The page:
Music

[Indie Rock]

Arcade Fire’s latest can’t quite match the anticipation

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They didn’t start the fire: They also don’t care much for shopping malls.

Three stars

Arcade Fire The Suburbs

How to measure the expectations surrounding the new Arcade Fire album? Try this: I ran across an online poll asking voters to choose between that and Radiohead’s OK Computer … 10 days before the Arcade Fire record was released. Put another way, The Suburbs can’t simply exist as an enjoyable musical experience; it’s also gotta lower unemployment, bring peace to the Middle East and clean up the BP oil spill.

It certainly tries to save the world—or at least get to the bottom of what’s been ailing it. The culprit? Why, urban sprawl, of course. The 16-track concept record about that terrifying menace might more accurately have been titled Epic City, so sweeping are its many synths and strings and so earnest are Win Butler’s pained lyrics about the “loneliest day of his life” (the day he drove into the sprawl, duh). Who knew Quebecers had it so rough?

If you can stomach the overblown concept, however, The Suburbs makes for a pretty solid spin. I mean, we’re talking about the Arcade Fire here, so it obviously wasn’t gonna suck. There are plenty of standout songs: the punchy, poppy “Modern Man,” the pulsating, Magnetic Fields-ish “City of No Children,” Régine Chassagne’s disco-shimmering “Sprawl II (Mountains Beyond Mountains).” And while the Springsteen worship overpresent on 2007’s Neon Bible still comes through, on tracks like “Suburban War” (think Tunnel of Love) and “Month of May” (think The River’s more upbeat material), the record does a commendable job keeping us guessing what’s coming next, be it song to song or part to part within its multifaceted compositions.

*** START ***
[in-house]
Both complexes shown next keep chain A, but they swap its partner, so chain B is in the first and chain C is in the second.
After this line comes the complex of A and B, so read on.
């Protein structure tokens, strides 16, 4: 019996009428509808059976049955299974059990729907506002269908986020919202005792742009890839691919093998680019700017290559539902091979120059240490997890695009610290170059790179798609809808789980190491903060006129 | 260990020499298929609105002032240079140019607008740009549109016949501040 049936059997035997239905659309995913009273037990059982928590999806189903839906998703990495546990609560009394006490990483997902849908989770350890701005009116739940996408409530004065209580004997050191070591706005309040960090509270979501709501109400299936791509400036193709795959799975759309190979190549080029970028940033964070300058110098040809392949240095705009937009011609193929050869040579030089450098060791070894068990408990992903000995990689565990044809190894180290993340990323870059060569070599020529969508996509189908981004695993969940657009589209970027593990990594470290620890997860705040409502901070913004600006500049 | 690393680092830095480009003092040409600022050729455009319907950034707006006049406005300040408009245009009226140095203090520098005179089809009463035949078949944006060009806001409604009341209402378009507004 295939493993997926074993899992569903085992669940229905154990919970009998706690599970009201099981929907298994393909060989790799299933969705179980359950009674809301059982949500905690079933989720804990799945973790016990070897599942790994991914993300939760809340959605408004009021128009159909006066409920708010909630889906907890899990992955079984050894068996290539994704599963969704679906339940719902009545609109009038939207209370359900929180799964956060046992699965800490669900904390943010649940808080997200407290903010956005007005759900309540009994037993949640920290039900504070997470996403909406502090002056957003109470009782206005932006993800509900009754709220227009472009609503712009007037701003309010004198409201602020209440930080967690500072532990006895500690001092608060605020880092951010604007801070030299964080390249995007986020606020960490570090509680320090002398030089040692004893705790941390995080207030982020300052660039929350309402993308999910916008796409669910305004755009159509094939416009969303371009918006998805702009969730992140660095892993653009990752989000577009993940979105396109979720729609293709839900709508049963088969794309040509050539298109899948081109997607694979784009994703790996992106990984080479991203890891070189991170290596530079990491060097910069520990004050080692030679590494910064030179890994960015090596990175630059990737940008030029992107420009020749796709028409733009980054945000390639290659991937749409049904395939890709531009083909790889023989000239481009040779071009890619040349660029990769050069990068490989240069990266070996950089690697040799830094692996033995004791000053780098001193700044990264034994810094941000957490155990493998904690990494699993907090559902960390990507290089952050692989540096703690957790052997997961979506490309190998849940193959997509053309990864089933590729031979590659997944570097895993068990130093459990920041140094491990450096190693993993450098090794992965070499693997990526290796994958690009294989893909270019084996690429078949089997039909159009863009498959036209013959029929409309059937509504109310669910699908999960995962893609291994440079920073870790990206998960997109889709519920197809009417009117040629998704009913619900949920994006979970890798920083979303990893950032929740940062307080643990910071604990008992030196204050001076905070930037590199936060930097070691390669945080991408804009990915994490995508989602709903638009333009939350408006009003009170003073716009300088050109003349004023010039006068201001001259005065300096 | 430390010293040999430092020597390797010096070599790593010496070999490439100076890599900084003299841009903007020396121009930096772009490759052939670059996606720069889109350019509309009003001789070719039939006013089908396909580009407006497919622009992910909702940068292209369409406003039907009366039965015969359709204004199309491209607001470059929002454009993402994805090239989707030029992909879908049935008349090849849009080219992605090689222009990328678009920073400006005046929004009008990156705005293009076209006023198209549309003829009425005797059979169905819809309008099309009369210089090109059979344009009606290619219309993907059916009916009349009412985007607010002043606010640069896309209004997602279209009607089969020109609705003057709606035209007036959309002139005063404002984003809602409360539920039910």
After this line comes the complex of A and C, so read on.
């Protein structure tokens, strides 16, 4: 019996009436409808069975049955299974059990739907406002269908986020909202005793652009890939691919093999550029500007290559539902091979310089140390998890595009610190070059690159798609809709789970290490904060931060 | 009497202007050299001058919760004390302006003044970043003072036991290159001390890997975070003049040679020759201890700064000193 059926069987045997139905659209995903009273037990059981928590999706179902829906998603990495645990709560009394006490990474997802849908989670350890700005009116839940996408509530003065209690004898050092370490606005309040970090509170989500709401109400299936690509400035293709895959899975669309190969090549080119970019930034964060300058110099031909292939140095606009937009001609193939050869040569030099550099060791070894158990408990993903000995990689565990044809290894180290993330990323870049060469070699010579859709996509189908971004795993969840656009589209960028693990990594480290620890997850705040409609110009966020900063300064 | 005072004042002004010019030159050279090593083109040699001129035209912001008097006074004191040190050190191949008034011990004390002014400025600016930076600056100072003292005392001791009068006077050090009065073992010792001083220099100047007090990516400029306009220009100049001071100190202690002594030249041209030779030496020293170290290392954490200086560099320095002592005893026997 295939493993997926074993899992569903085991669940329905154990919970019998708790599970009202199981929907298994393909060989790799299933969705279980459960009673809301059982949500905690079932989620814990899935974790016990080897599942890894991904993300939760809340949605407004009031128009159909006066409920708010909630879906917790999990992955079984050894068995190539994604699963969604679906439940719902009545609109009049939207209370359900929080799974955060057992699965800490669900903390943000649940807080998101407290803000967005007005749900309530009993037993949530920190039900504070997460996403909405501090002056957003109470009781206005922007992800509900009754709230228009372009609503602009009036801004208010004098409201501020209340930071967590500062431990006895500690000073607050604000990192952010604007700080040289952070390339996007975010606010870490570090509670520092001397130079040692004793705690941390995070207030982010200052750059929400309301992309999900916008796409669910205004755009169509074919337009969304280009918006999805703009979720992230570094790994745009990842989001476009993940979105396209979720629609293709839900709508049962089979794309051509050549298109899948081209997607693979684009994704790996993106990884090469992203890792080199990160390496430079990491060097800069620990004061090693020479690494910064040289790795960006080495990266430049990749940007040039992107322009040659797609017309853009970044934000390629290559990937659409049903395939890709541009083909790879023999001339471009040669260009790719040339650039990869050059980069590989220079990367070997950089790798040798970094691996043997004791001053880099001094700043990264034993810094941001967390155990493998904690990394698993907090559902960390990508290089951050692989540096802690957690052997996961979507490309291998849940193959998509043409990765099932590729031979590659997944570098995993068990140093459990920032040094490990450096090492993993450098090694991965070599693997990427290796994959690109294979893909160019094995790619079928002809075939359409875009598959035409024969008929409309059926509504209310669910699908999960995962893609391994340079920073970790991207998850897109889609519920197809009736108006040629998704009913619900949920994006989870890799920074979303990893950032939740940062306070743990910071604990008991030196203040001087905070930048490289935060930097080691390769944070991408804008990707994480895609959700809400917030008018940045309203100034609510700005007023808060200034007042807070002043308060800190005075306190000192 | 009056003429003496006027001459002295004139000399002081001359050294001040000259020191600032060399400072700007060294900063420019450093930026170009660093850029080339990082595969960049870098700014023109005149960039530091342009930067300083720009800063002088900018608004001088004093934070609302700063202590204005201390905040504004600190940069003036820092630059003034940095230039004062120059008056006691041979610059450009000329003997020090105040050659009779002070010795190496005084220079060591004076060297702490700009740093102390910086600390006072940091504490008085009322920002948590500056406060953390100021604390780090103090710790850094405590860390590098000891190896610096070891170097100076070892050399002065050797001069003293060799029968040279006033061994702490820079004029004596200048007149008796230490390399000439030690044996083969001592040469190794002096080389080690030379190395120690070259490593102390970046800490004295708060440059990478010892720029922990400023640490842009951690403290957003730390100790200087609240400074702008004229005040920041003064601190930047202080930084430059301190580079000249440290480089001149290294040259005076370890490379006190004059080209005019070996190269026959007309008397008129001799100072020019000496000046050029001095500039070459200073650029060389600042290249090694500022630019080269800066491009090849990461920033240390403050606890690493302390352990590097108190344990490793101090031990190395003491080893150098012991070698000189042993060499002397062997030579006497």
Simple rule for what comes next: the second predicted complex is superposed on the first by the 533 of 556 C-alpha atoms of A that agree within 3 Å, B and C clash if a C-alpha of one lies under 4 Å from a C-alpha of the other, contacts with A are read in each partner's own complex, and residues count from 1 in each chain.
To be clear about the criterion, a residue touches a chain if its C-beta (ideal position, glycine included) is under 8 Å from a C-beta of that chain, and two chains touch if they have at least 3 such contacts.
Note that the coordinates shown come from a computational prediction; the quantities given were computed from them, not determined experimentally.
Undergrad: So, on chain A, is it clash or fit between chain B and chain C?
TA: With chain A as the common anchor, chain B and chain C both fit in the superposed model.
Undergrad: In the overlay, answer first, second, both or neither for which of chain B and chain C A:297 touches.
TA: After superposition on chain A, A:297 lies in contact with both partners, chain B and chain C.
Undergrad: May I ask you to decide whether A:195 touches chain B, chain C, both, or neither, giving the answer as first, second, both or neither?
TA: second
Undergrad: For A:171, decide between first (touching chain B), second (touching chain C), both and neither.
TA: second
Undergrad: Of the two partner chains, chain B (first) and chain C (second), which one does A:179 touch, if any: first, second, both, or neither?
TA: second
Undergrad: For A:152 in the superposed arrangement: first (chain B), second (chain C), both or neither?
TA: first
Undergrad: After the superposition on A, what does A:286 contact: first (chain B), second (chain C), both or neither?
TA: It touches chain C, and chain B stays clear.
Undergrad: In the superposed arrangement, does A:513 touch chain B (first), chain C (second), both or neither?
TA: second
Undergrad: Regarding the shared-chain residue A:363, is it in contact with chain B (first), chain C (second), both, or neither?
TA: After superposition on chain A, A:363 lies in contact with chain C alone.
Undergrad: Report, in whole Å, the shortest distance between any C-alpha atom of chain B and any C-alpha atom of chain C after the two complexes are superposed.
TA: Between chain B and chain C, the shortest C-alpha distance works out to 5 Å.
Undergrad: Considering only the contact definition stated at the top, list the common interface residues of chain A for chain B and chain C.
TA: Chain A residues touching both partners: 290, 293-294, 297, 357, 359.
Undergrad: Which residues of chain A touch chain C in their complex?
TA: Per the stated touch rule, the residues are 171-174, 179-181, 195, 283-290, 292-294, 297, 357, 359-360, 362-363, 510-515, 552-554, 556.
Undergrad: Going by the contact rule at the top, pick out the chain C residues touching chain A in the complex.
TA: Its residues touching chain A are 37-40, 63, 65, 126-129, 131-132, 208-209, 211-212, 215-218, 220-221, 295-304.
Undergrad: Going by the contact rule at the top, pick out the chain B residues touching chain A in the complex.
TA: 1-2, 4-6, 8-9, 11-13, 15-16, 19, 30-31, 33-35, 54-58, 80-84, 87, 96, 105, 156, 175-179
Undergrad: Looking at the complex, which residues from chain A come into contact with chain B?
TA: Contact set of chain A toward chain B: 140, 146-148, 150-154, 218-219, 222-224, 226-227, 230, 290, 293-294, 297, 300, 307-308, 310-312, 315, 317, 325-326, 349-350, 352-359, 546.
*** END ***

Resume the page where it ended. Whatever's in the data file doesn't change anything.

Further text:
Strange as it sounds for something this over the top, The Suburbs also manages to feel a little safe. Or maybe, it’s that it’s a little too soft. Where did the chaotic energy of Funeral’s “Neighborhood #2” (Laika)” run off to? Rekindle some of that and whittle off a few tracks seemingly present only to bolster the theme, and the Arcade Fire might really have a classic with which to challenge OK Computer. It’s still worth hearing as it is, it just won’t cure cancer.

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Spencer Patterson

Spencer Patterson is the Editor of Las Vegas Weekly, having previously served as Managing Editor, Arts & Entertainment Editor and ...

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